Here’s an update on an impressive pandemic-inspired pivot by Samir Arora’s Sage, the company I wrote about at the start of the year that is building what I hope is a next phase of the net: a expert-based web.
When the pandemic hit and travel was all but shut down I worried particularly about two friends’ businesses because each was centered on travel. One is Samir’s Sage, which was starting its expert network with expertise about destinations — hotels, restaurants, places. I’ll tell you how he reacted in a moment.
The other was Rafat Ali’s Skift, which covers the travel industry and built its business around in-person events: a double whammy. I interviewed Rafat for the Newmark J-School’s leadership program about the painful decisions he had to make to keep the business alive. I think you’ll find it informative. Since we had this conversation, Skift shifted to offer a daily news subscription service and Rafat now says “subscription-first is the path forward for us.”
Now to Samir and Sage. He has made his career building tools to support creation: When he was developing an early web-authoring tool, NetObjects Fusion, he gained much valuable experience using it to help my friend Rick Smolan put together his amazing A Day in the Life of America project. Glam, Samir’s later company, was inspired by putting together networks of bloggers to build their businesses; I blogged about that 13 years ago. His latest company, SagePlus for Experts, which I wrote about here, was about to go public with tools for experts in travel and food to build their online presences and businesses with networks around them.
Before the shutdown, Samir had been introduced by William Morris Endeavor to celebrity chef Marcus Samuelsson, who got excited about using Sage to build his digital presence — across books (he has one upcoming), restaurants, and events — and to amplify the voices of experts not heard in mainstream media.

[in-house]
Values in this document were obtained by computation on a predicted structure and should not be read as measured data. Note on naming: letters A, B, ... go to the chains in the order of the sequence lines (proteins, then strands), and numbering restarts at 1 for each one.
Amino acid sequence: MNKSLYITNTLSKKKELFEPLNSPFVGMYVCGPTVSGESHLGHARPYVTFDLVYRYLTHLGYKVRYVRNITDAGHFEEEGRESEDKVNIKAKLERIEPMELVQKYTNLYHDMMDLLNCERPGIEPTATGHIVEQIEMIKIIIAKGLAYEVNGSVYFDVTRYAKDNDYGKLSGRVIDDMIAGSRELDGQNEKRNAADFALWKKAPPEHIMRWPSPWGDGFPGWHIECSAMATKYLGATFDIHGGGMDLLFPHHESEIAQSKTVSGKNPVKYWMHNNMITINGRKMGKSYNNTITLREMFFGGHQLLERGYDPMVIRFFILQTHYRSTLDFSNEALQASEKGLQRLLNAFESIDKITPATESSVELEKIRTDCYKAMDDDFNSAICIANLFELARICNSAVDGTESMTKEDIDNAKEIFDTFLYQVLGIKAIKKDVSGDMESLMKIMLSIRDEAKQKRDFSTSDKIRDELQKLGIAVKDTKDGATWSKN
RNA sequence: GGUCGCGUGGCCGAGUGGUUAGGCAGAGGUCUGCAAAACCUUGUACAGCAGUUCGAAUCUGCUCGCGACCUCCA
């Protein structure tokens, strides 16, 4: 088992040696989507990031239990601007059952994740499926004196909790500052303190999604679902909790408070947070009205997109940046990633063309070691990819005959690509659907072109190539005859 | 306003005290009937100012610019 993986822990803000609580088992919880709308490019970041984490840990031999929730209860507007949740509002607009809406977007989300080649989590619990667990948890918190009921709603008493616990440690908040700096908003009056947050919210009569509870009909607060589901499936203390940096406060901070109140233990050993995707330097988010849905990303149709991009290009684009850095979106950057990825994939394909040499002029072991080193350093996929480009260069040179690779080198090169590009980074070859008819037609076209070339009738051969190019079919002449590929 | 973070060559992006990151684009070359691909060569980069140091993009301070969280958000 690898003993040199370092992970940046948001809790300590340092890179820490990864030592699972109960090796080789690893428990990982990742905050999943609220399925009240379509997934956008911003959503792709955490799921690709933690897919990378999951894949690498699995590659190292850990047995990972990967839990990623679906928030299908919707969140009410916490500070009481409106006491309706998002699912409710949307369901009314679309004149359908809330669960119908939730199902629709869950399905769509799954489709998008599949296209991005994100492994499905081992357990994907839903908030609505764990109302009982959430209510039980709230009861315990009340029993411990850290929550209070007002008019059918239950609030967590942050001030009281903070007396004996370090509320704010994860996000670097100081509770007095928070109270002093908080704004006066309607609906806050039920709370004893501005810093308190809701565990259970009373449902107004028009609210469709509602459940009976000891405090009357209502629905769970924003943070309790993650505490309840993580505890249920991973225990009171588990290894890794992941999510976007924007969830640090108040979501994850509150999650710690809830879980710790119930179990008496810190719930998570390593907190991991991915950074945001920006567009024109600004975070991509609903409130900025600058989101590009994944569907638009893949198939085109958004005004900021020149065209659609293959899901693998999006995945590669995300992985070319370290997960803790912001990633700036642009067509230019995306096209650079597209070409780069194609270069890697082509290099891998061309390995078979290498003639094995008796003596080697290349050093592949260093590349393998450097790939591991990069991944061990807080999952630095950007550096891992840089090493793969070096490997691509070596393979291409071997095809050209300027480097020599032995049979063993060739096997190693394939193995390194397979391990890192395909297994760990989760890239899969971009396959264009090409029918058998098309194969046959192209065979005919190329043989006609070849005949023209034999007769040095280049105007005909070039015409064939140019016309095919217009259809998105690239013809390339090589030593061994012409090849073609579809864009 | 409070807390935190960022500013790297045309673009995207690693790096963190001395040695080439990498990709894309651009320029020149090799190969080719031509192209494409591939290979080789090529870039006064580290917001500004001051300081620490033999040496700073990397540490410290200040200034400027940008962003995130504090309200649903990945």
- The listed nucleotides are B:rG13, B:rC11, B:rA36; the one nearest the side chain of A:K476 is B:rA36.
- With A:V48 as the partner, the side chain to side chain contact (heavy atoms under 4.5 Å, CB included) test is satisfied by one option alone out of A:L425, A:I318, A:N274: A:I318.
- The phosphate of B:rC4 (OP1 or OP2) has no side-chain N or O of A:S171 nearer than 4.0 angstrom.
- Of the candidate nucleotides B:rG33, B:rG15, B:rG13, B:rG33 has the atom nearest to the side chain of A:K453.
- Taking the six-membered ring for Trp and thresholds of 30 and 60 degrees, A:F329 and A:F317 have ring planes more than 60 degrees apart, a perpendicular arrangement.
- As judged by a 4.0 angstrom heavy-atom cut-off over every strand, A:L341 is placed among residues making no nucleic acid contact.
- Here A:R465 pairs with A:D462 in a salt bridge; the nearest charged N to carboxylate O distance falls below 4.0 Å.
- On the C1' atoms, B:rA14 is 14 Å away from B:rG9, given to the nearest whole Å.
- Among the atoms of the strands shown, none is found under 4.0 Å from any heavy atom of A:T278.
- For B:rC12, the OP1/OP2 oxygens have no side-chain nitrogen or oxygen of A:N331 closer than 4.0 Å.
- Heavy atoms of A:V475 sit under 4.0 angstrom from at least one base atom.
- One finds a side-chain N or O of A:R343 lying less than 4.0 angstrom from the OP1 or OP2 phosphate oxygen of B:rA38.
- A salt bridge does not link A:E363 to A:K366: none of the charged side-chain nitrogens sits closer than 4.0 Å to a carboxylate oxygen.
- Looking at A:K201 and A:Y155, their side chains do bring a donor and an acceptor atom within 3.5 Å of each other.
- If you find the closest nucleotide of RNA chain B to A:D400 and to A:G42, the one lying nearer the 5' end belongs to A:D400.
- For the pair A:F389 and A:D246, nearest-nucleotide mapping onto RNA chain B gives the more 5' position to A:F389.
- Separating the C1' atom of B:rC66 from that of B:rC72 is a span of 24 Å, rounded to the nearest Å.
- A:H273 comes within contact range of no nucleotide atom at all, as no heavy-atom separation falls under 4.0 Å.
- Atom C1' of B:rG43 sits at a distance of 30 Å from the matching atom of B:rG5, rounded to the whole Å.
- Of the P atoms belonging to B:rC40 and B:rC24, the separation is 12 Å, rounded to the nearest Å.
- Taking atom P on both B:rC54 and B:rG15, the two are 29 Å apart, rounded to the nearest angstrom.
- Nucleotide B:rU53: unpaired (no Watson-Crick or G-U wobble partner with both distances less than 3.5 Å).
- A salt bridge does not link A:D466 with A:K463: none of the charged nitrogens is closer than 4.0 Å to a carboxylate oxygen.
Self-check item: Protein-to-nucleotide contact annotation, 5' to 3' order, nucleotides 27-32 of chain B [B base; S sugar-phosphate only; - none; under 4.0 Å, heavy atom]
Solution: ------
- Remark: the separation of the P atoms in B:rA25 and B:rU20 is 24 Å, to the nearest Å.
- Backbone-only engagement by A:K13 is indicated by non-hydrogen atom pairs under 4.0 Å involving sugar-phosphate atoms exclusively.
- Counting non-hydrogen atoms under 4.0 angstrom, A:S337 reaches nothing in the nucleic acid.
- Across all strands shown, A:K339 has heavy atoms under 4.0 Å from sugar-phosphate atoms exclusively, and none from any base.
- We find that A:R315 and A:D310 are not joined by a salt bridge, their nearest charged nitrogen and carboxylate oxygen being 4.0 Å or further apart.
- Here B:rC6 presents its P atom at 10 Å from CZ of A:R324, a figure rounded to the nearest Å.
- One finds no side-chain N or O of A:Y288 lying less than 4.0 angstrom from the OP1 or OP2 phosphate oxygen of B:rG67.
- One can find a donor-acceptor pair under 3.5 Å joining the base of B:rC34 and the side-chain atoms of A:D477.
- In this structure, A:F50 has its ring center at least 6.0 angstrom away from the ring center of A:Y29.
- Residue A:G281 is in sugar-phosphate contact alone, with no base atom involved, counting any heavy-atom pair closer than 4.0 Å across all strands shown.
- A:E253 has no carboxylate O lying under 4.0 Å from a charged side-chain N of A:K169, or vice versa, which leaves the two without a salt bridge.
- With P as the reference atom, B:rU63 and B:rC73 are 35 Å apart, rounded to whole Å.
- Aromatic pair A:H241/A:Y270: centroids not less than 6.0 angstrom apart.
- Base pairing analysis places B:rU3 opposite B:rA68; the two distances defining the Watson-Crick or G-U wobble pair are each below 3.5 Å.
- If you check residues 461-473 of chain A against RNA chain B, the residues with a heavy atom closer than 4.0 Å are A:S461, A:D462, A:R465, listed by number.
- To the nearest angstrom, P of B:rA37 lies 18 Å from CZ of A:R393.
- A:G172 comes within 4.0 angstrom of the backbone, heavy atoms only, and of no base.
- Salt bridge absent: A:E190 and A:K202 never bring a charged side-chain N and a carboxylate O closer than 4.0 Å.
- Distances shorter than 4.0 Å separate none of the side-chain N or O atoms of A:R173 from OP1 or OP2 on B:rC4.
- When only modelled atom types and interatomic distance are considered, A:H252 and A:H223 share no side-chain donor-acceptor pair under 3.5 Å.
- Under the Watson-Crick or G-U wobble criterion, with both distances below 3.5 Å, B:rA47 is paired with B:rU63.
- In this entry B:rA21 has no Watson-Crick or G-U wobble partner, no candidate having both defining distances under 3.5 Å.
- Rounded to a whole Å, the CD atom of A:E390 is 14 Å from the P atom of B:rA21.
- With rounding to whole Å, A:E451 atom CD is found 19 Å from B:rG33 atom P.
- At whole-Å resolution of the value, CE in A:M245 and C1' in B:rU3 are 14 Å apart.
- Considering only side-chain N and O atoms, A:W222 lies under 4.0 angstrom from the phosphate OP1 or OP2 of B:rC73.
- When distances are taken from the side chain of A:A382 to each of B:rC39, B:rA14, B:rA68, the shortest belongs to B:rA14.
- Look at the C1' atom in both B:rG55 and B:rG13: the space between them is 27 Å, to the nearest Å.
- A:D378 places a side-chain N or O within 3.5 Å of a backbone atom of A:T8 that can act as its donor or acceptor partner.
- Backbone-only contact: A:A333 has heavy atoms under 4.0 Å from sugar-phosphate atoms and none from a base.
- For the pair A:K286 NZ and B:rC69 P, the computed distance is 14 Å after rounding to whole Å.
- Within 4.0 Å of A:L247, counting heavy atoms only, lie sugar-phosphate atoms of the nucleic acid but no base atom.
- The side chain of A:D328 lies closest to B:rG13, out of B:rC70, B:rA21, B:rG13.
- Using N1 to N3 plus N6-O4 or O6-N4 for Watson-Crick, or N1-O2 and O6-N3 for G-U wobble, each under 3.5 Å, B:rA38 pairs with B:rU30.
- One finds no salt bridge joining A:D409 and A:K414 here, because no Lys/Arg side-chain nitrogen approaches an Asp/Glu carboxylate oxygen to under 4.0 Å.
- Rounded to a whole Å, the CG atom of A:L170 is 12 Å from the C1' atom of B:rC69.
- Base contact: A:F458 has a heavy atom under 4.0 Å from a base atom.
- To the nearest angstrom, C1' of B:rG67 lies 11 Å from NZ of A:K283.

In the pandemic, Samuelsson started working with celebrity chef and food philanthropist José Andrés on relief for communities and restaurant workers. Samuelsson’s CEO, Derek Evans, called Samir about a dozen weeks ago asking him to extend the Sage platform to handle charitable projects and contributions: a campaign management system. In no time, Samir’s team volunteered to make it happen and on July 18, they went public with a platform for Harlem Serves Up. In 24 hours, it handled an amazing $100,000 in contributions.
This became Project Bento, an end-to-end platform for campaigns, which now include also Black Businesses Matter; Hand in Hand, a Daniel Boulud Fund; and the Project Bento Fund, which in turn gives money to Citymeals on Wheels and World Central Kitchen, in addition to funds to support restaurant workers. As of this writing, the team has raised $5.1 million in donations to charities and to create meals. Individual donations go 100% to the charities.
So now the Sage platform has more capabilities. It already had the mechanisms for experts to be invited, invite others, and build online presences and apps with multiple business models. Now, because of Samuelsson, the platform has the means to support not-for-profit campaigns and contributions from large sponsors and individuals.
That work done, Sage is turning back to its launch. Now it will include not just travel experts but also authors, entertainers, and experts in other fields, verified by humans. I had wanted Samir to move past travel because the web needs to build mechanisms and institutions to discover and verify and support expertise: to pay for their work. That, as I said in my last post, is what I think the net needs next: platforms not just for speaking “but also for listening and finding that which is worth listening to, from experts and people with authority, intelligence, education, experience, erudition, good taste, and good sense.”
I will never say there is a silver lining to the dark and deadly cloud COVID has because of the venal negligence of the current American government. But I am impressed at the good people create in times of need: Samuelsson and Samir saw a need and built it.